Raisi and his ally Mohammad Bagher Ghalibaf, who in 2020 became the president of a new tough parliament amid low turnout and widespread disqualification of reformist candidates, lost the election to Rouhani. Raisi, however, garnered just under 16 million votes or 38% in an election with a turnout of 73%.
After a brief retreat, the supreme leader in 2019 appointed him the first judge.
In this position, the leader tried to consolidate his image as a staunch opponent of corruption. He held public trials and prosecuted figures close to the government and the judiciary.
He also effectively began his presidential campaign and traveled to almost all 32 provinces of Iran. In those visits, he often announced that he had reclaimed a large factory from the brink of bankruptcy, that he represented himself as an advocate for Iranian workers, and that he was pushing local businesses under U.S. sanctions.
Raisi took this issue to his 2021 campaign, in which he made limited promises, as it was clear that none of the other candidates could pose a serious challenge to his presidency amid a poor economic situation, low turnout and a widespread disqualification of reformist and moderate candidates.
During his time in the judiciary, the Signal messaging app was banned earlier this year after an increase in popularity, as well as the Clubhouse voice chat app when it became massively popular in the face of elections.
All major messaging and social networking apps are blocked in Iran, with the exception of Instagram and WhatsApp.
Economy and nuclear agreement
When pressured by another candidate, Raisi briefly discussed the Joint Comprehensive Action Plan (JCPOA), as the nuclear deal that former U.S. President Donald Trump unilaterally abandoned in 2018 is formally known.
Although he had previously opposed the agreement, this time he said he would support it like any other state commitment, but would form a “strong” government that would be able to steer it in the right direction. .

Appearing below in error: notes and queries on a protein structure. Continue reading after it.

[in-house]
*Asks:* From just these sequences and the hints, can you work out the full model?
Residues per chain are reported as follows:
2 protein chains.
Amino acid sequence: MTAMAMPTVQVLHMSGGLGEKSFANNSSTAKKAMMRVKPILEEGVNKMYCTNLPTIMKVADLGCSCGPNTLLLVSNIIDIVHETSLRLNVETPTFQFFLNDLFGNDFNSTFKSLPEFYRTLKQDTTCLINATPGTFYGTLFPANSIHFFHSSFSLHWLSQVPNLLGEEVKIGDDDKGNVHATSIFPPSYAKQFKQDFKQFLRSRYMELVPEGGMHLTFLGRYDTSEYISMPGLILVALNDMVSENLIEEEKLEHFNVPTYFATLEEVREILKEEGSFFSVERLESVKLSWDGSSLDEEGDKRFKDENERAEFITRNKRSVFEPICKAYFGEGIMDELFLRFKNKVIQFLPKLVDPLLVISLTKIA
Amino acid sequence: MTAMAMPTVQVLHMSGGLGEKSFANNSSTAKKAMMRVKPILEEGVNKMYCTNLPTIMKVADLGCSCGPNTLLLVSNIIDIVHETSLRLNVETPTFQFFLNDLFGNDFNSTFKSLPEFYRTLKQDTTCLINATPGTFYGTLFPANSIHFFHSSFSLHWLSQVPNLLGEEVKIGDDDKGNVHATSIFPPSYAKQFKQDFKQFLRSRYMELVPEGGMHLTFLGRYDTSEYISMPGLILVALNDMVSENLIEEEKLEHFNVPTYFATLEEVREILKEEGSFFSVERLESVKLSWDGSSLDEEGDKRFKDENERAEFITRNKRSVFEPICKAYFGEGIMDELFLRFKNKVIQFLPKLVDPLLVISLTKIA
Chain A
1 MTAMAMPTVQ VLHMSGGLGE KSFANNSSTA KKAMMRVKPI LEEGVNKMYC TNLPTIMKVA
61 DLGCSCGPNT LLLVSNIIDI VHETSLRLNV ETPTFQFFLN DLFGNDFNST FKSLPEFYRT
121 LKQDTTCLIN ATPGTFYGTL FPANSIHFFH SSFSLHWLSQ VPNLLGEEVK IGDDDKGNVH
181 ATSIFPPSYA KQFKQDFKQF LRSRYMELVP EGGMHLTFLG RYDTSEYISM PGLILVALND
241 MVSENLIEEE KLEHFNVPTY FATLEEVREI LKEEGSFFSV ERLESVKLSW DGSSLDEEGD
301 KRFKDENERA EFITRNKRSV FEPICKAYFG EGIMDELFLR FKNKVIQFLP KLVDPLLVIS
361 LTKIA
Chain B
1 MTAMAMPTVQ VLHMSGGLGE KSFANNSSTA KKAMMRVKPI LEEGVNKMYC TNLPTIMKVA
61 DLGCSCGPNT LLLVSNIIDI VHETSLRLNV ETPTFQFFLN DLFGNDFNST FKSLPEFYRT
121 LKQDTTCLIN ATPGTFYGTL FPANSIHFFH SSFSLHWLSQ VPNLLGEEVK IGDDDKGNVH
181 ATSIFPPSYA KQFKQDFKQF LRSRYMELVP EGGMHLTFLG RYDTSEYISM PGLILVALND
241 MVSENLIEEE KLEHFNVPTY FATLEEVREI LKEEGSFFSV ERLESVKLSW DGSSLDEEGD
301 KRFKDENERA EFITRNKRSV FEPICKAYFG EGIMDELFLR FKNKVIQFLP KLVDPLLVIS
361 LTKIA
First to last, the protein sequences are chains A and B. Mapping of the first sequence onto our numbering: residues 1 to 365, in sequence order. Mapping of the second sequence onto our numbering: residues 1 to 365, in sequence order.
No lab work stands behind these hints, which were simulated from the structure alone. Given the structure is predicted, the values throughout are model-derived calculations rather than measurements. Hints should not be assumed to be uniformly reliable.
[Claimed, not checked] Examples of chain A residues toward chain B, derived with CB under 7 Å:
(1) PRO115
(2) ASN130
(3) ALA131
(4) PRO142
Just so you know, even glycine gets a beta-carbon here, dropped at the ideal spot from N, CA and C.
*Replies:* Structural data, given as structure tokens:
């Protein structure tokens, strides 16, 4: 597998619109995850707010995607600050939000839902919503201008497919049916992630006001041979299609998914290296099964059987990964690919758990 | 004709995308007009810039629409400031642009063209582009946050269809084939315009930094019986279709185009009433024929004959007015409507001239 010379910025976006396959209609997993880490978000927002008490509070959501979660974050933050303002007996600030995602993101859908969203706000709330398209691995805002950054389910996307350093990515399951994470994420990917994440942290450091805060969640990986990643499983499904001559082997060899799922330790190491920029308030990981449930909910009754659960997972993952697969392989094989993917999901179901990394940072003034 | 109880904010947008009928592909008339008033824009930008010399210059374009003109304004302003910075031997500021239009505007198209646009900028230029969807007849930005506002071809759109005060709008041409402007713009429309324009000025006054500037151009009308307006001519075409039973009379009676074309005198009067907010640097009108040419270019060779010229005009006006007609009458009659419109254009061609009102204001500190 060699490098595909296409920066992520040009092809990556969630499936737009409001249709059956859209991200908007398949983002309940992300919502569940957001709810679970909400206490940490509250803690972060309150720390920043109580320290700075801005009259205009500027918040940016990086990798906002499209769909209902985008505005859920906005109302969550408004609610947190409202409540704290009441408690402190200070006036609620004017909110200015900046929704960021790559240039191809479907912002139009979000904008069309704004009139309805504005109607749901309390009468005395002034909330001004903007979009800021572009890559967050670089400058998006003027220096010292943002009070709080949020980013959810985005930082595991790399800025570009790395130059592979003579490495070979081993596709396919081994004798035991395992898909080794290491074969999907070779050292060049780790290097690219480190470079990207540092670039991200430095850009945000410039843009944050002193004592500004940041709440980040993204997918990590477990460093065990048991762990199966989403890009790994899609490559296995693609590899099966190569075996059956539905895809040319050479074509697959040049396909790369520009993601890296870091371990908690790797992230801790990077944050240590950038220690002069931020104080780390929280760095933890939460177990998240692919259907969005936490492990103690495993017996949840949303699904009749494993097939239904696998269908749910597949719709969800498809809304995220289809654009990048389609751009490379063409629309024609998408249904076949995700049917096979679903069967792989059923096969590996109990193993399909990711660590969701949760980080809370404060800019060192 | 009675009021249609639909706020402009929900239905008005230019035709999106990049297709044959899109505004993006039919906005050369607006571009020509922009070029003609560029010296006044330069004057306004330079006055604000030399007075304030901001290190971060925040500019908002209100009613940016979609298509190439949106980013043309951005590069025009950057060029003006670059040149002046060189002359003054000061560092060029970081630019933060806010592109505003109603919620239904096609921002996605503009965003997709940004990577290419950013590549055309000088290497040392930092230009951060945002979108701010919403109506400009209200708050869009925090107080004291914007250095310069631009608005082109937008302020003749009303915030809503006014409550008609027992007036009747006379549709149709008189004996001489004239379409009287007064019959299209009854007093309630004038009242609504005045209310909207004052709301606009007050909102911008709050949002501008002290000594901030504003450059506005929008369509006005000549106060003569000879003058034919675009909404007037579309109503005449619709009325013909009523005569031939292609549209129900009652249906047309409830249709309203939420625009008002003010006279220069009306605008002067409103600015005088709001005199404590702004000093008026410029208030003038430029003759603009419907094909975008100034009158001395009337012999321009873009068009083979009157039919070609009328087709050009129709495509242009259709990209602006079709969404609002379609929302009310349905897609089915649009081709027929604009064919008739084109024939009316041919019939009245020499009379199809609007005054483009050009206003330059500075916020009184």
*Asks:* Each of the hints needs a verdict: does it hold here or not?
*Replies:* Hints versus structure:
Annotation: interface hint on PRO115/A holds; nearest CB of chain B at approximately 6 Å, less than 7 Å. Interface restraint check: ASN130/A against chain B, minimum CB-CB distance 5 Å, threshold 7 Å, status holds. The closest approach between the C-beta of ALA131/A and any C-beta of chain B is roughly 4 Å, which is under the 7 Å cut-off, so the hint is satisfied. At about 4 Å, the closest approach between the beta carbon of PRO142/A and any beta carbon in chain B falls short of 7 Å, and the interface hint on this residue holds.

A sixth round of talks between Iran and world powers is underway in Vienna for restore agreement, this, if successful, will lead to the lifting of US sanctions and a reduction in Iran’s nuclear program, as the country now enriches uranium to 63%, the highest rate in history.
Although the June 24 deadline for a temporary agreement with the International Atomic Energy Organization to keep track of activities in Iran is approaching, negotiators have said the sixth round will not be the final round. But there are hopes that the deal can be reactivated before Raisi takes office.
Meanwhile, Iran’s 83 million population suffers from rampant inflation and high unemployment, while the government has a considerable budget deficit and faces difficulties in handling what has become the deadliest COVID-19 pandemic. of the Middle East.
Raisi is committed to fighting inflation, creating at least a million jobs a year, building new homes and dedicating special loans to first-time home buyers getting married, as well as starting a new era. of financial transparency and the fight against corruption.
Hamed Mousavi, a professor of political science at Tehran University, said the narrative among conservatives has been that the mismanagement of the Rouhani government has led to the current situation.
“So, according to this narrative, if this mismanagement is corrected, the economy will be fixed, but I think many conservatives understand at least internally the importance of sanctions,” he told Al Jazeera.
“I think this will go back to how much Raisi will show flexibility in the negotiations. An important point is who will be designated for the nuclear denials. “
One option is the toughest Saeed Jalili, a former nuclear negotiator led by President Mahmoud Ahmadinejad, who was one of seven candidates approved in the 2021 race and withdrew in favor of Raisi.
According to Natasha Lindstaedt, a researcher at the University of Essex, the likely effects of Raisi’s election on ties with the United States are uncertain.
“But the kind of rhetoric the Iranian president can issue sometimes affects the way the U.S. responds,” he told Al Jazeera.
“I see Raisi in some way as the return to Ahmadinejad, a more populist and authoritarian president and that was a period when relations with the United States and Iran were really strained,” he said.